Over the years, there have been many ways in which we have found texts which tempt us to work with them and many ways also in which we have discovered artists whose work we can visualise within one of our books. Our newest venture is a dramatic example of these arcane processes.
This remarkable (and vast) drawing in conte crayon is by Clive Hicks-Jenkins and has hung in our hall since 2001 when it was shown in his Mari Lwyd exhibition in Newport Museum and Art Gallery. We are constantly moved, torn apart, rendered speechless by the power of this picture . . .
. . . as indeed was our friend, Callum James, who happened to be staying a night with us some time ago. Sleepless (not unusual for this perpetual motion man!) at 2am or thereabouts, he found himself standing in front of it for an hour or more.
Not long afterwards he went to one of the early performances of Equus in the 2007 production of Peter Shaffer’s play with Richard Griffiths and Daniel Radcliffe in the lead roles. The next day he visited our stand at the Watercolours and Drawings Fair in London. He rushed in saying ‘you have to put that play and that artist together – they are meant’.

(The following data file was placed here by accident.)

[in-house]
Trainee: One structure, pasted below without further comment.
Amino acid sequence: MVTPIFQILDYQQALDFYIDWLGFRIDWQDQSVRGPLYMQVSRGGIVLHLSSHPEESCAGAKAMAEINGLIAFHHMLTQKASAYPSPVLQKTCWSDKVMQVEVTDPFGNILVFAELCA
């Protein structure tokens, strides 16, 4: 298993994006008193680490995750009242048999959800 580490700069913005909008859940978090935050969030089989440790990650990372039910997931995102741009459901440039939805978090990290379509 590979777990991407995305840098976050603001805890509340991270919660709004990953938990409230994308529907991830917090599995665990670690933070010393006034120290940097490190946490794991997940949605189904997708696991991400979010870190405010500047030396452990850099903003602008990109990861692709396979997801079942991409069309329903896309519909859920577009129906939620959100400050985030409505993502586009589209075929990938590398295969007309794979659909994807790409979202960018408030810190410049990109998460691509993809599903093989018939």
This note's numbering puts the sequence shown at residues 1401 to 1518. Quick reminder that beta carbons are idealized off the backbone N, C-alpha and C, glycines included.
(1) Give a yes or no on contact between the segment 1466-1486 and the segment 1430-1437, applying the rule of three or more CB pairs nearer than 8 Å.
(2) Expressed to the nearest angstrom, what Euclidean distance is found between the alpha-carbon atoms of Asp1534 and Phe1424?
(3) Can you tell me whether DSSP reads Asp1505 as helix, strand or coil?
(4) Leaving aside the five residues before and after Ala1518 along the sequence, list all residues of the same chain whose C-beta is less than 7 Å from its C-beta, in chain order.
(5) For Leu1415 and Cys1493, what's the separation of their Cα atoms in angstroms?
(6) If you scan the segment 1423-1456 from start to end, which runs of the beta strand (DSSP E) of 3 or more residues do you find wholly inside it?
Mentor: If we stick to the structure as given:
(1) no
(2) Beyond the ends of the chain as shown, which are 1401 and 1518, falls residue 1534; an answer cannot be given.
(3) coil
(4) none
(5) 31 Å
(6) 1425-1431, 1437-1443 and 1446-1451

We did indeed put it to Clive Hicks-Jenkins who then declared how overwhelmed he had been by the play when he first saw it in the 1970s. He had always hoped he might direct it in those earlier days when he was a choreographer and theatre director and had also worked with puppets and figures such as John Napier had created for the horses in that first production. The idea grew on him . . .
The author and his agent were agreeable to the possibility of such a book and so Clive and Nicolas set about finding a way of presenting this long, dramatic text in relation to images which Clive was determined should not detract from the language of the drama but would enhance the moods and states of mind of the characters as they moved through their confusion and distress.
The imagery was created in ink but on multiple grounds. Line work on paper but solid work, with techniques such as sgraffito, on a transparent overlay. These were combined on photopolymer blocks to print the image, in black, on to the page on which the text (using a deeply dense green ink) had already been printed.
We add here a few images to give an idea of what is soon to be a most spectacular book. After what has been a mammoth labour on all sides, we are absolutely thrilled with the result. Sneak previewers say it is probably one of our best!
The bindery are at work now and we will post lots more photographs in a few days time – together with important details such as price!
We are to going to ‘ launch’ the book on 25 September at the London Art Book Fair in the
Whitechapel Gallery, 77-82 Whitechapel High Street, London E1 7QX
tel. 020 7522 7888
Friday 25 September: Private view 2pm-5pm: Open to Public 5-11pm
Saturday 26: 11am – 6pm
Sunday 27: 11am – 6pm